Free Will Again


Isn’t free will an endlessly fascinating topic? When is an action voluntary? On the face of it, if I want to do something and I do it, the related action is clearly voluntary. But, on analysis, we find that there is a whole spectrum of relationships between actions and the so-called volition that triggers them.

In the book ‘The Questions of Life’ (Ref. 1), Fernando Savater suggests the following scenario. I am on a train and, with my mind elsewhere (contemplating the thorny problem of free will versus determinism perhaps), I am absentmindedly playing with my rail ticket. Having been bending and re-bending it, twisting it here and there, I eventually screw it up and throw it out of the open window. Eventually, the ticket inspector arrives and asks for my ticket. Upon emerging from my intellectual reverie, I realize what has happened and I’m forced to tell the inspector that I threw it away unintentionally. Continue reading

Action – Agency

An action should have an actor (kartA). That means there should be someone to claim: “I am doing this”. Only humankind has this sense of agency, though all living beings naturally are active. Man is born as part of nature and lives as part of nature. But he does not realize his being an integral part of nature, and therefore is oblivious of the fact that his ability to know, ability of volition, and ability to do works are merely part of the creative function of nature. Because of this obliviousness he thinks he is the doer of all these actions. Such a man is called vimUDhAtmA (the stupefied one or the stupid). Only such stupid ones have the sense of agency and they alone have karma.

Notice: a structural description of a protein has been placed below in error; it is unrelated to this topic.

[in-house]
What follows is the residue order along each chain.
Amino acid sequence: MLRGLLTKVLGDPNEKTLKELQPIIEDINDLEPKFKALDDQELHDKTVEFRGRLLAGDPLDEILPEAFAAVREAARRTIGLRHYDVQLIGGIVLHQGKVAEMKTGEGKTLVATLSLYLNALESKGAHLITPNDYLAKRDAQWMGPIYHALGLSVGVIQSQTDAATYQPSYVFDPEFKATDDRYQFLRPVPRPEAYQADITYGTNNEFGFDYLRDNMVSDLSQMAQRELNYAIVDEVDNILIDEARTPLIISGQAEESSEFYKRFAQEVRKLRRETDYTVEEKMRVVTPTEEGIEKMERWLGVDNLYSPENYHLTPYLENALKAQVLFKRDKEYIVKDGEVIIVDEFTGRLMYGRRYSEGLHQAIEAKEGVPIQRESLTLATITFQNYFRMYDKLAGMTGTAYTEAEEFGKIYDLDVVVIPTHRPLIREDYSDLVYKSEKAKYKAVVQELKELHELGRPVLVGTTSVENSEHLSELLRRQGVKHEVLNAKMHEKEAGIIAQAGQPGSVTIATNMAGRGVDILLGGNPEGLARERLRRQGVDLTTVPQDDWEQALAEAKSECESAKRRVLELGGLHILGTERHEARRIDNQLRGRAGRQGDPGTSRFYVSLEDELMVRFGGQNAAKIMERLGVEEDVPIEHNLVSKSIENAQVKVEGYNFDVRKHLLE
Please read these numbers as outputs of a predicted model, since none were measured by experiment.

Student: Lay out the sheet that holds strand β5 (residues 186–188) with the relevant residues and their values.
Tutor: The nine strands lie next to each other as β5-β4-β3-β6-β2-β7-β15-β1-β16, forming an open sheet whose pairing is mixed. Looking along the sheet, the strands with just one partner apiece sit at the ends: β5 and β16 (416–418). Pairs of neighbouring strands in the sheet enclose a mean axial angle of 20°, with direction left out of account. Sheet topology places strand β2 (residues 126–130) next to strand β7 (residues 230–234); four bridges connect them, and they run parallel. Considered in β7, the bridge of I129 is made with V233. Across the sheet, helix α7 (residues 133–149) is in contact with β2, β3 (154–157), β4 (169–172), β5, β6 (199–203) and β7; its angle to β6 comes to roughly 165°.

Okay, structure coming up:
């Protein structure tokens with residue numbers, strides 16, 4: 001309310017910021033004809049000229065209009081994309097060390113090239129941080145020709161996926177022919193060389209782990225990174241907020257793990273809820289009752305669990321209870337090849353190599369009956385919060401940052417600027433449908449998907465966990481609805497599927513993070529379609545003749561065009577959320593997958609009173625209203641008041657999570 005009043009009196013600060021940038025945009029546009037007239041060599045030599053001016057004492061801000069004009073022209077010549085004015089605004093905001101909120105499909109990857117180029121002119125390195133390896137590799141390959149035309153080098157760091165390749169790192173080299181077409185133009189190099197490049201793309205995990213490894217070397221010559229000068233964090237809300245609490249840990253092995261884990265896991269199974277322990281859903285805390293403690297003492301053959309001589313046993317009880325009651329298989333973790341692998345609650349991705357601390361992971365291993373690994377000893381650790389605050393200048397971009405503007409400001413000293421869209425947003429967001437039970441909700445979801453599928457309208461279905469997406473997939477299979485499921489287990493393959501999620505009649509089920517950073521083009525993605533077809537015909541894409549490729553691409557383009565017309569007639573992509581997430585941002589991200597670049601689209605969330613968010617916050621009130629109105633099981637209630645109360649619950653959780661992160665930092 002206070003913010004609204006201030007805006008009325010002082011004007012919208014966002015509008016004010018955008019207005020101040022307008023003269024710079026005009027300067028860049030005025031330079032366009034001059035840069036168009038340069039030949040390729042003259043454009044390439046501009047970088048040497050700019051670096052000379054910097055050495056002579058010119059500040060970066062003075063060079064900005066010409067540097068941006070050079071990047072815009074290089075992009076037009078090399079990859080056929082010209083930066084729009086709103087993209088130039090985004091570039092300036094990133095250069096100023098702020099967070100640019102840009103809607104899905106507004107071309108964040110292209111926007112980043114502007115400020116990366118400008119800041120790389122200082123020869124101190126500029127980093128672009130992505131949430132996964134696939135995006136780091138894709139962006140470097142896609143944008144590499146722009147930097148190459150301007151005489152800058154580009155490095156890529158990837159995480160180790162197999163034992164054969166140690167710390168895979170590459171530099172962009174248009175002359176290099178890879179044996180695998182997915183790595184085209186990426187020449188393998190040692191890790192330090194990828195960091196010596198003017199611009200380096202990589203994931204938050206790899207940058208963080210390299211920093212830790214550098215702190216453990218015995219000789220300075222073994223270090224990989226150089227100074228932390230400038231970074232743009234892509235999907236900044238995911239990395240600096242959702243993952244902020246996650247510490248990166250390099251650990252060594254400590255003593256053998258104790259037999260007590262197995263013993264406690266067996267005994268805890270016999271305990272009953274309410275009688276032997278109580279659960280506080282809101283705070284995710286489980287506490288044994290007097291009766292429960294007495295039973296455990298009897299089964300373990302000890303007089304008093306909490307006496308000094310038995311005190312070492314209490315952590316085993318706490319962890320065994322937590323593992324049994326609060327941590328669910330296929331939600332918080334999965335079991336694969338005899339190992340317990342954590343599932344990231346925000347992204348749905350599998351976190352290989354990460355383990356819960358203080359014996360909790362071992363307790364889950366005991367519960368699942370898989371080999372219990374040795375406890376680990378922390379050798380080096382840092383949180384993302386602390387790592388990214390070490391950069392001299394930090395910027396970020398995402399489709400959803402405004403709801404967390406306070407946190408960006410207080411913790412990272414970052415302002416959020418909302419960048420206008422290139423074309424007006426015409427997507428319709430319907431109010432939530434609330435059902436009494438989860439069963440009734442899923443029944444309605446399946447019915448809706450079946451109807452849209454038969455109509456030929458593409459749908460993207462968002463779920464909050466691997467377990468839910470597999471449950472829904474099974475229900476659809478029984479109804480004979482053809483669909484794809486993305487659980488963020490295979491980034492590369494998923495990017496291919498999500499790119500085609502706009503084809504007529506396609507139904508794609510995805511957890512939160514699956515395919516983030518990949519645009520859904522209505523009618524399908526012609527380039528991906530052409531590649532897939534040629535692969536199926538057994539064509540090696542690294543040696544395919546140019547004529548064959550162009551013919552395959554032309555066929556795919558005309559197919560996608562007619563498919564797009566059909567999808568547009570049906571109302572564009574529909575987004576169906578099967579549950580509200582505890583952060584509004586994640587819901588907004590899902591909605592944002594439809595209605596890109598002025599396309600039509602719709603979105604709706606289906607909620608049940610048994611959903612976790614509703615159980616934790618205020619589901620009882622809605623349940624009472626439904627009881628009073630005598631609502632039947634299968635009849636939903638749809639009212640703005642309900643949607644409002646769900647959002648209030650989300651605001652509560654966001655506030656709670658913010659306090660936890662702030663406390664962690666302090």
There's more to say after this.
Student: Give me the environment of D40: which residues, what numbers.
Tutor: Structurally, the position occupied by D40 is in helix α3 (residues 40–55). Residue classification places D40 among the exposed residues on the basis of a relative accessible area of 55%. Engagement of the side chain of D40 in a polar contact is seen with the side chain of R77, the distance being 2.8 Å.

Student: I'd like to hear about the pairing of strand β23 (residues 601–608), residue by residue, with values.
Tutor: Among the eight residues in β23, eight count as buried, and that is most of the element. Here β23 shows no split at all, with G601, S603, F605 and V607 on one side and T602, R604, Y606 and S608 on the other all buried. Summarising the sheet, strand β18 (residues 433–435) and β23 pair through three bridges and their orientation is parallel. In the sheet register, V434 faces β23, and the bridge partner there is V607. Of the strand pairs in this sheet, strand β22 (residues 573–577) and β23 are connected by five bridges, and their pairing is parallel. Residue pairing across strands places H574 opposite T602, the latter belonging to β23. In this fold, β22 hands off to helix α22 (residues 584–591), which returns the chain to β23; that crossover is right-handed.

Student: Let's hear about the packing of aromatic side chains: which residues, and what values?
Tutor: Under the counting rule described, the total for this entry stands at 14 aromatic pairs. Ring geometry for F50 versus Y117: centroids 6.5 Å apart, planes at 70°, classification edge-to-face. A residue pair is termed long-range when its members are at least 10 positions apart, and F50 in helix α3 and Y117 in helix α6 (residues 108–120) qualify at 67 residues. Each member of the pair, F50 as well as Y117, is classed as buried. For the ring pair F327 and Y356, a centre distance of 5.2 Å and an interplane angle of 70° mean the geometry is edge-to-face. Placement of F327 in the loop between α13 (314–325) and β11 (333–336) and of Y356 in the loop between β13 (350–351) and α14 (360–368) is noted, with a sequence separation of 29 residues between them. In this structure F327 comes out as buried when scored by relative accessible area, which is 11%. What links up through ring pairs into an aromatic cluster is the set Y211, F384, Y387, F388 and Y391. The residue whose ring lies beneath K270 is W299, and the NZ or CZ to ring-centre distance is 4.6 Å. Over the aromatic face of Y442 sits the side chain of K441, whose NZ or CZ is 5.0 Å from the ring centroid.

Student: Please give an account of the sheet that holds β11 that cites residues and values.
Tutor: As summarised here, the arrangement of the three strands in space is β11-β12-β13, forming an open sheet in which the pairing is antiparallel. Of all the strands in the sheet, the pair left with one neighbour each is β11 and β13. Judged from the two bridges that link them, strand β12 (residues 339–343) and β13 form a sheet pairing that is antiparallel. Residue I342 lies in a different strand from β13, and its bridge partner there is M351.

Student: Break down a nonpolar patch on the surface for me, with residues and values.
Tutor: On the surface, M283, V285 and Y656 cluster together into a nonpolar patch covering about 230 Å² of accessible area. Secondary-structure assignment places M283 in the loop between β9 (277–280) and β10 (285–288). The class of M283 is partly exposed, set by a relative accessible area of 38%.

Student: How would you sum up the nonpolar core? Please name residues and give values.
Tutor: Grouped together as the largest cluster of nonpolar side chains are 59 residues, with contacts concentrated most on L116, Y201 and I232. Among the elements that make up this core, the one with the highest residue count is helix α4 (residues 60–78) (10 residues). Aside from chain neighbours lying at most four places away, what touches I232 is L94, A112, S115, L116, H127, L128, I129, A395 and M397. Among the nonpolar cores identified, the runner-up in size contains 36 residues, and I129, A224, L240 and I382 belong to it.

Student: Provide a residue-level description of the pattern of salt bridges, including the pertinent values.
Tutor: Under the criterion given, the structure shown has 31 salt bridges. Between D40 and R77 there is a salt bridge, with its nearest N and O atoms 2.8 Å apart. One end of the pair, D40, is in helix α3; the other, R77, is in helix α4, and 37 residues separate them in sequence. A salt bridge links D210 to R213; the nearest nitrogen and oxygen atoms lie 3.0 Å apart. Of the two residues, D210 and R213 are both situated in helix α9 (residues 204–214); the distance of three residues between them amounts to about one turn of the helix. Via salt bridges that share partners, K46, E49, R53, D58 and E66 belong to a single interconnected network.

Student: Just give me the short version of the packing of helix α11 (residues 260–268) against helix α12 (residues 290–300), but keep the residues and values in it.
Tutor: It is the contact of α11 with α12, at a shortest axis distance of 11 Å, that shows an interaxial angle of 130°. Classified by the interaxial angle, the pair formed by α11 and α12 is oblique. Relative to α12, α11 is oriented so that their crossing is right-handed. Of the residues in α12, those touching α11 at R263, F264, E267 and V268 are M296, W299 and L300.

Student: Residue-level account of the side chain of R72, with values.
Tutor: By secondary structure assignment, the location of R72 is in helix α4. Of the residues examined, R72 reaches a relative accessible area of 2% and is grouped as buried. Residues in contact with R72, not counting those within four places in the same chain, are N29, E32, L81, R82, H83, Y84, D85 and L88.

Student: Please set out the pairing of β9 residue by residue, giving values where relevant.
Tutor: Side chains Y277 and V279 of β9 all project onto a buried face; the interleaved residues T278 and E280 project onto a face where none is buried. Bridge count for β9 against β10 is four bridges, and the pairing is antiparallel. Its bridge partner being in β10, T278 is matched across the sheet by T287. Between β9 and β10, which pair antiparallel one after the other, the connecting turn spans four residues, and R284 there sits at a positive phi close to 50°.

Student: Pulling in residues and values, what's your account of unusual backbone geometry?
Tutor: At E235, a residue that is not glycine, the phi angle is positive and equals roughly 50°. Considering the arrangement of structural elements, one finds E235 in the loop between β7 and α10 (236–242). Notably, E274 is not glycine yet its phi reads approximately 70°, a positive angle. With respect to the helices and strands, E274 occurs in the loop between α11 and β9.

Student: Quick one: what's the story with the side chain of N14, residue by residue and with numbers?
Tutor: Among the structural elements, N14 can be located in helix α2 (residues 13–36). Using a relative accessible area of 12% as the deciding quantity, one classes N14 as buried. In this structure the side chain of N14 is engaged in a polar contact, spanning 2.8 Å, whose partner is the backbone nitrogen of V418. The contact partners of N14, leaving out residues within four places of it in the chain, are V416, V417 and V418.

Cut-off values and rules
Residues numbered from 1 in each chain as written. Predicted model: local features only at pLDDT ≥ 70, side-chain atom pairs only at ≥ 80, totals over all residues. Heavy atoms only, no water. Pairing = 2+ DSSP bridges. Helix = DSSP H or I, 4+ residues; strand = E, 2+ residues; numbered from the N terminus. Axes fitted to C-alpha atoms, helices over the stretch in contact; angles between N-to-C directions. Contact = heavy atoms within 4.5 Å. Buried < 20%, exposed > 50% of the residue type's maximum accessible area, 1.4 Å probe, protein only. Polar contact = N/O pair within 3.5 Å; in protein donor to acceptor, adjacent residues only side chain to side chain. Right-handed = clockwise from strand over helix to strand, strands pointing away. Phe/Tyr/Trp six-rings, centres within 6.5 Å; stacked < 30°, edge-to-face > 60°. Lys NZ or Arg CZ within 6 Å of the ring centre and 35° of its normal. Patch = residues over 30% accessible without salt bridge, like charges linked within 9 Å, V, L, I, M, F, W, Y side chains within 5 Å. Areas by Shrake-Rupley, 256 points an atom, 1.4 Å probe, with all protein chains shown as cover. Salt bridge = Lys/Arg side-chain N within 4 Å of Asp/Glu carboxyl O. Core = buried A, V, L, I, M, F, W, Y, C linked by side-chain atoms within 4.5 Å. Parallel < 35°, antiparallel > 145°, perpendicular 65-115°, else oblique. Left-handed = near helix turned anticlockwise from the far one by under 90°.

From Karma and Reincarnation, Swami Muni Naryanana Prasad, D.K. Printworld (P) Ltd., 1993, ISBN 81-246-0022-8. Buy from Amazon US, Buy from Amazon UK